Wednesday, August 1, 2018

Windows PCs, Macs are slow and crash constantly, mocks Google

Google's new Chromebook video reminds the world of the worst of Apple and Microsoft computers.

Google's new Chromebook

Tired of Microsoft's and Apple's desktop alerts? Try a Chromebook, says Google.

If you need speed, Google thinks Chromebooks are the notebooks to buy in its new ad showing off their "built-in virus protection, a battery that lasts all day, and automatic updates", offering a "new way of doing things" to let you "stream, play, and work without anything slowing you down".

That is, assuming you live in a country or region with cheap and fast broadband, which still matters to some despite some things working just fine offline.

Google's latest Chromebook ad pokes fun at slow installs on macOS and stalled applications -- hate seeing Apple's beach ball delay graphic? -- the barrage of upgrade alerts and system errors on Windows machines, and nightmarish warning dialog boxes from OS vendors and third-party antivirus.

And for good measure the video shows off a blue-screen message, reminding its Windows targets of Microsoft's BSOD past.

The ad, see below, also highlights Chromebooks' gaming credentials, and that you can use Slack, Netflix, Evernote, and photo-editor Lightroom too.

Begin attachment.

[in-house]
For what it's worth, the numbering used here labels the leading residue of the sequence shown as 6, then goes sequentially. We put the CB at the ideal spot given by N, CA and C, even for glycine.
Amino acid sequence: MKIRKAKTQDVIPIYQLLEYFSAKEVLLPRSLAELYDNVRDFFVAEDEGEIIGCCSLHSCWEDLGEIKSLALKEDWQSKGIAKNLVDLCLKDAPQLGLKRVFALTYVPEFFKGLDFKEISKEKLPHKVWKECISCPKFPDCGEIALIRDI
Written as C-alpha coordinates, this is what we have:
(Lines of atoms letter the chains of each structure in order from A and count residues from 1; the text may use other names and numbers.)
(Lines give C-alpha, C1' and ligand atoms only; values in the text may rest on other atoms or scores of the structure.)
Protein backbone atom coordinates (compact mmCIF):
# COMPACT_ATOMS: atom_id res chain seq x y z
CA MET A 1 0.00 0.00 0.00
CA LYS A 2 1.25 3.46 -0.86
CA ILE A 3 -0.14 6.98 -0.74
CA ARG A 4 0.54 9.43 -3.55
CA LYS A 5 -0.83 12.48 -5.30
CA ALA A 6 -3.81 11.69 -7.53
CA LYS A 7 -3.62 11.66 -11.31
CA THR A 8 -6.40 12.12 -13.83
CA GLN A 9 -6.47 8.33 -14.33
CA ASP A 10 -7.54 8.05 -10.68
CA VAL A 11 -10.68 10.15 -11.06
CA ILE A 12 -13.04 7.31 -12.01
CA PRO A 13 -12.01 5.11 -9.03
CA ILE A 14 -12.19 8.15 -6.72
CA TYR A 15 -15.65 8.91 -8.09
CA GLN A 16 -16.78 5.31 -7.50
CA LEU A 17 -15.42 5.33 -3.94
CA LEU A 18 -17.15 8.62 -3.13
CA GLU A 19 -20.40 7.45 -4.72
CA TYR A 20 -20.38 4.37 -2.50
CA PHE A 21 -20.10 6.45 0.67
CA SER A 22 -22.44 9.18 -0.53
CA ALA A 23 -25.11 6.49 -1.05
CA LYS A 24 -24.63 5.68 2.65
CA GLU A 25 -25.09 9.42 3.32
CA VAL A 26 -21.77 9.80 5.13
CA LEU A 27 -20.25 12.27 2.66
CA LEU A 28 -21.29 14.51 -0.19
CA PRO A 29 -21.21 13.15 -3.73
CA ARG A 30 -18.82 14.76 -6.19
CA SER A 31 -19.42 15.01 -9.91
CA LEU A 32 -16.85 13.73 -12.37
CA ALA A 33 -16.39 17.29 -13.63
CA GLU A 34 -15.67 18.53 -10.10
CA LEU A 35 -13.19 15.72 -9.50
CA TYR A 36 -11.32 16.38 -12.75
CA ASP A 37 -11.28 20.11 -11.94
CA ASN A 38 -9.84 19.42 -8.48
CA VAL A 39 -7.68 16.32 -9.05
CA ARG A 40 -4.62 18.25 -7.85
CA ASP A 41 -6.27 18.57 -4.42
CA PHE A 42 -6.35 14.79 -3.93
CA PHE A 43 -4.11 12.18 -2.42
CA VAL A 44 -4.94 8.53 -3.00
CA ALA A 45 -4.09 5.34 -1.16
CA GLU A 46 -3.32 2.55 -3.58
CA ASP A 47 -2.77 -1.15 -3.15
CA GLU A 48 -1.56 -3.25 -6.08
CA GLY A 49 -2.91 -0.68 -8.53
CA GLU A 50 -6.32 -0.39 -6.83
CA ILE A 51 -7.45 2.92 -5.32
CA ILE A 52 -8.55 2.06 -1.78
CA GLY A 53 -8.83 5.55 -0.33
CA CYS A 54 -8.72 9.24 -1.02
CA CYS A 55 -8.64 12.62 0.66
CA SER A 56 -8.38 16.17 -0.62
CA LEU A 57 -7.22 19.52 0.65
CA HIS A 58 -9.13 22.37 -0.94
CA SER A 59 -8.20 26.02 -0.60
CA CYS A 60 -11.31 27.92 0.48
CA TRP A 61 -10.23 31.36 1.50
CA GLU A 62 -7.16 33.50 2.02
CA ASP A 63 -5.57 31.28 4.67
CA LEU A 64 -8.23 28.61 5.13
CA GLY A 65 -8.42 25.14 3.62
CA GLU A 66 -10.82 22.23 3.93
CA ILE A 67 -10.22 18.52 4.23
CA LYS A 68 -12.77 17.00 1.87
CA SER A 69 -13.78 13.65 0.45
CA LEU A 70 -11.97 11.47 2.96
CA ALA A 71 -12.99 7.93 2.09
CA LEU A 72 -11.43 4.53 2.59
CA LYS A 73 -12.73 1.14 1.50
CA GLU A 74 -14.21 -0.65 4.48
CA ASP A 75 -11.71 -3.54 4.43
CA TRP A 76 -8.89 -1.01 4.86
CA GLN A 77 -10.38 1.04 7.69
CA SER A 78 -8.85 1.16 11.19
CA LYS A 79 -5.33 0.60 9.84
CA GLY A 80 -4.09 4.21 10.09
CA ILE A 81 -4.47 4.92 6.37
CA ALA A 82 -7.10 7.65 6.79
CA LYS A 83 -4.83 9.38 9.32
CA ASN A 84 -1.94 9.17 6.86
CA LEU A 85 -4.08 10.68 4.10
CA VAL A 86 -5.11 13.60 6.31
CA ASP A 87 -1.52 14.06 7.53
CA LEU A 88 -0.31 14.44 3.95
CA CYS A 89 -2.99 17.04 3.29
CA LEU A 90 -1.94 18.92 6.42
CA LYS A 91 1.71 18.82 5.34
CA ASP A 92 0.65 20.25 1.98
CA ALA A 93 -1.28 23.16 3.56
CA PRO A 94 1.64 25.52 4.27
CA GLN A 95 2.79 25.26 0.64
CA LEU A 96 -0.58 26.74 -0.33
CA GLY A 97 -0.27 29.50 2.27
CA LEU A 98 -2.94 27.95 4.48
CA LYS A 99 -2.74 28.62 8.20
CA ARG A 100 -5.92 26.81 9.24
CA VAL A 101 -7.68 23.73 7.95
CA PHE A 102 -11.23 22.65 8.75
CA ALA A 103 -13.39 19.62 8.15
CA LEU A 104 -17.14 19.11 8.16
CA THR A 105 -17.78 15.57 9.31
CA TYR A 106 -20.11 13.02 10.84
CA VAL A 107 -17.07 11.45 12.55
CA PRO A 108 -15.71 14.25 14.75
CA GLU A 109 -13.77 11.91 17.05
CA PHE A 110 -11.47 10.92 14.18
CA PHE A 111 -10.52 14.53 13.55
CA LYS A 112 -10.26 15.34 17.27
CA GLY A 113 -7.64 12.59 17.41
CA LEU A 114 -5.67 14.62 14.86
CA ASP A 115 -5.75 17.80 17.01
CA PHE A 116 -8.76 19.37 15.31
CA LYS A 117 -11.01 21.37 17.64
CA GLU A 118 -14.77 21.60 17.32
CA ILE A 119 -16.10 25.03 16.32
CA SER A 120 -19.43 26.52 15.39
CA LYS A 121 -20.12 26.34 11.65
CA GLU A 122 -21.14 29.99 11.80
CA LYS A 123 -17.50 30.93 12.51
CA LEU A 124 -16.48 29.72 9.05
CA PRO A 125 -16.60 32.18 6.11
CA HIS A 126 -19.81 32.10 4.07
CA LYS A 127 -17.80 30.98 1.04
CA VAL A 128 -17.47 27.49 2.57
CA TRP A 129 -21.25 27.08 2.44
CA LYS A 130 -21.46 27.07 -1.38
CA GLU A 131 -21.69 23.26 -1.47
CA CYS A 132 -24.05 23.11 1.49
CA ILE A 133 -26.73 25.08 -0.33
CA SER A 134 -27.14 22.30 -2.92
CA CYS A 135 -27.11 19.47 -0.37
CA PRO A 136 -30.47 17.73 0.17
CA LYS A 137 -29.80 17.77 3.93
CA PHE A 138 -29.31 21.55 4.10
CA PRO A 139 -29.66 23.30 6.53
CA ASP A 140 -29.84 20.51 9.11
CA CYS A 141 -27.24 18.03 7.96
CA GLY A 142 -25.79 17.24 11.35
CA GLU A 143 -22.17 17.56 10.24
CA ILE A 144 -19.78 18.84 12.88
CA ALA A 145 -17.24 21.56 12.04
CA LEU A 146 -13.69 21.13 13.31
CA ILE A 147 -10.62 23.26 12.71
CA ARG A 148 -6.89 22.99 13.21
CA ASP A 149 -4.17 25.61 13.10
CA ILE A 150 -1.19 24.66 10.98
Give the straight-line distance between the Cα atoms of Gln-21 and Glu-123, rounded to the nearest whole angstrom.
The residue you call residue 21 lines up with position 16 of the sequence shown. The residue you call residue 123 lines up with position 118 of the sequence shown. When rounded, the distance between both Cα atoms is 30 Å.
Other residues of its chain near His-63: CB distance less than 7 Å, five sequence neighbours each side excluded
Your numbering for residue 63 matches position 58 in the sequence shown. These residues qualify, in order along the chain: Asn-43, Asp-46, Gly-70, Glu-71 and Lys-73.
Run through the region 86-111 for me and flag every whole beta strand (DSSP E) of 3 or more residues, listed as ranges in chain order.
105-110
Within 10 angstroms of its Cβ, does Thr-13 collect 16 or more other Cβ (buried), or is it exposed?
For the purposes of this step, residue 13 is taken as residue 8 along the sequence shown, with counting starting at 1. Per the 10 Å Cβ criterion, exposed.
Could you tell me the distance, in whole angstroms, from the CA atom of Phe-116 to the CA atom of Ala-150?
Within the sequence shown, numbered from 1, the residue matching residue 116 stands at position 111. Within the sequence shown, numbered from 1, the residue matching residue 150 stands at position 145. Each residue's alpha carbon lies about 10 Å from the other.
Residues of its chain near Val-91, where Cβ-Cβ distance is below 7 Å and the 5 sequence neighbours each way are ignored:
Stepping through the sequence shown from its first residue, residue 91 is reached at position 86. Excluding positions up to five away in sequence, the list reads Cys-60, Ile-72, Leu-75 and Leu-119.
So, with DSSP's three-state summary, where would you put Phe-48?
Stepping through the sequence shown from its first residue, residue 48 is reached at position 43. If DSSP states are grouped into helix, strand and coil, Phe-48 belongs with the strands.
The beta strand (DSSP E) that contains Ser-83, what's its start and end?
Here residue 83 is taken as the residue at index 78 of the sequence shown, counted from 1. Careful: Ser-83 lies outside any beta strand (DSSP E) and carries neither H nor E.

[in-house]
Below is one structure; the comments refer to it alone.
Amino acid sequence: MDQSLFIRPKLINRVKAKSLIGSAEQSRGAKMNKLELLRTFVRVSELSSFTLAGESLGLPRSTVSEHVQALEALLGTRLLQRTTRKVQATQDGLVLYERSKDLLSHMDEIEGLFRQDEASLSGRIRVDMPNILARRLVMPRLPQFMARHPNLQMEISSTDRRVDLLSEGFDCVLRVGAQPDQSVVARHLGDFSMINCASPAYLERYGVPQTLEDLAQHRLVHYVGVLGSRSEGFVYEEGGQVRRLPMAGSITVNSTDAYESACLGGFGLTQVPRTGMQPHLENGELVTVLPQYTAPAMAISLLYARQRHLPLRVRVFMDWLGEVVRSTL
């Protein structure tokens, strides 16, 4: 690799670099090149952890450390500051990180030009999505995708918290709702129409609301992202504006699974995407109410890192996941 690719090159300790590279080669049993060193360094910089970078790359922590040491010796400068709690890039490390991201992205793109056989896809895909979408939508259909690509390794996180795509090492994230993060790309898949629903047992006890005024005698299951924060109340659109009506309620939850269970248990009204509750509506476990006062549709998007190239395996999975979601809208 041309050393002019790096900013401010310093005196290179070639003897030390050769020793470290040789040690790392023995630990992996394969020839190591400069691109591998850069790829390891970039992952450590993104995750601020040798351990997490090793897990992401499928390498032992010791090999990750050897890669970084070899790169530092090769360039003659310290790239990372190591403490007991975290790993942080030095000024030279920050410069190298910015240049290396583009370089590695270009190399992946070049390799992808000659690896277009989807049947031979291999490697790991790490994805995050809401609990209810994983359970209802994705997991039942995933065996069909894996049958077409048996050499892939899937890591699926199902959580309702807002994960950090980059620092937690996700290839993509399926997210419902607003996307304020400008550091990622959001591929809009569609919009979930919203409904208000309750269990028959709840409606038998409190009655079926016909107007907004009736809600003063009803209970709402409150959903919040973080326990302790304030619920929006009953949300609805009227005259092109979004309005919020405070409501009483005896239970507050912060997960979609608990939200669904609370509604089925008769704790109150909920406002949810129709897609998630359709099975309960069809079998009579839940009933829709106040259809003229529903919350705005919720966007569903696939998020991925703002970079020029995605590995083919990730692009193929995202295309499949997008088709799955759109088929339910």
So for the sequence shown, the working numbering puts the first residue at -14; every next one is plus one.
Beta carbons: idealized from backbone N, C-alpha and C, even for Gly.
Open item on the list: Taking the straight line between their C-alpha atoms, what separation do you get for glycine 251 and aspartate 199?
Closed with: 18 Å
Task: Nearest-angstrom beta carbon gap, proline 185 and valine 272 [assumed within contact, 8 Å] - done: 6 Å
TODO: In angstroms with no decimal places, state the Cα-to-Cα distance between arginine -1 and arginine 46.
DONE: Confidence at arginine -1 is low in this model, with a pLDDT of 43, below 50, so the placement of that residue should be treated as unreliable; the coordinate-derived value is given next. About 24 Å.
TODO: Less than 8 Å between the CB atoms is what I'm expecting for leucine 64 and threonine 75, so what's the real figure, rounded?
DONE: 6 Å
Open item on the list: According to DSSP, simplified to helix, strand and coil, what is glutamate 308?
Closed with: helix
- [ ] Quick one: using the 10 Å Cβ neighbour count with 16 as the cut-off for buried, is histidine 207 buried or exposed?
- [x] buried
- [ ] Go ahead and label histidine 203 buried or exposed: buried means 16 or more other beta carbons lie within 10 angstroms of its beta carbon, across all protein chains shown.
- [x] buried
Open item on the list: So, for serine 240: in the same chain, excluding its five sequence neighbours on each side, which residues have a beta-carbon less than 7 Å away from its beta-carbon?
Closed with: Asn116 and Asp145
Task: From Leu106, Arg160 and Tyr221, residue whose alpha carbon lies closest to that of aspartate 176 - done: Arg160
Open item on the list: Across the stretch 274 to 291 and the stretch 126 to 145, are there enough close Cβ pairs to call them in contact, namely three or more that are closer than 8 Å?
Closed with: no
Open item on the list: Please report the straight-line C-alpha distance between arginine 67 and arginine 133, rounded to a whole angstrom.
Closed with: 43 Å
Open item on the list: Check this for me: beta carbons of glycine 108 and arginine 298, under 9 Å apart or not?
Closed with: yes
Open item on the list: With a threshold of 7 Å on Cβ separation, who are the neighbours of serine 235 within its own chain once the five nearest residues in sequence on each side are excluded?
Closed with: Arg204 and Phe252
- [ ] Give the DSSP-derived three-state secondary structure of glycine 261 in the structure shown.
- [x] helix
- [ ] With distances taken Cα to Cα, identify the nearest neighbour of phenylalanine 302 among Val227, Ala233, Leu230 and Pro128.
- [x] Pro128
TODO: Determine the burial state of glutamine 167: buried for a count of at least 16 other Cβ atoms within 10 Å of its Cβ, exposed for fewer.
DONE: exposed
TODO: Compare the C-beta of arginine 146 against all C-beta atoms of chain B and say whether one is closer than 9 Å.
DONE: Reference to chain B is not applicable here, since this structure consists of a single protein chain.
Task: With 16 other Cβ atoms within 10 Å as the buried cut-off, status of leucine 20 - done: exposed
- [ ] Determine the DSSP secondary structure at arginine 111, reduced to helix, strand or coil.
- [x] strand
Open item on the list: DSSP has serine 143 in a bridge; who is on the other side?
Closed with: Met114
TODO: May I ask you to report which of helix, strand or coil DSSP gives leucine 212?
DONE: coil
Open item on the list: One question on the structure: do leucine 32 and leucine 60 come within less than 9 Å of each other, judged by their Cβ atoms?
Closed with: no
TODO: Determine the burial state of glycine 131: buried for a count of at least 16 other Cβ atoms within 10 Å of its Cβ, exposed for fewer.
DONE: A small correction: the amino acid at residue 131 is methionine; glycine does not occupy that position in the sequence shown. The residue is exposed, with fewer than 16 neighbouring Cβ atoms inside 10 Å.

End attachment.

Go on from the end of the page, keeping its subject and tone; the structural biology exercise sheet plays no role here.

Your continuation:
The ad campaign is clearly part of the back-to-school round of promotion that Apple and Microsoft will probably also be launching in a bid to win some of the K-12 education markets that cheap Chromebooks dominate in the US.

Given the age of some of the criticisms, the ads seem anachronistic but they're most likely aimed at people who haven't updated laptops in a while or are annoyed at Apple's apparent ignorance of macOS hardware enough to consider a switch.

Google is also targeting people who've probably never tried a Windows 10 machine, which these days come with built-in Windows Defender antivirus and has automatic updates, even if some people feel disrupted by them.

The adverts also land as Google prepares Chrome OS to take on Windows 2-in-1s, Apple's $299 for school buyer iPad, and responds to Microsoft's new $400 10-inch Surface Go.

The non-LTE version of the 10-inch Surface Go tablets will be available in North America on August 2, suggesting that education is top of mind for Microsoft, with the business market to be dealt with later.


Video: Google's Chromebook ad seems aimed at people who haven't updated laptops recently. Source: Google/YouTube




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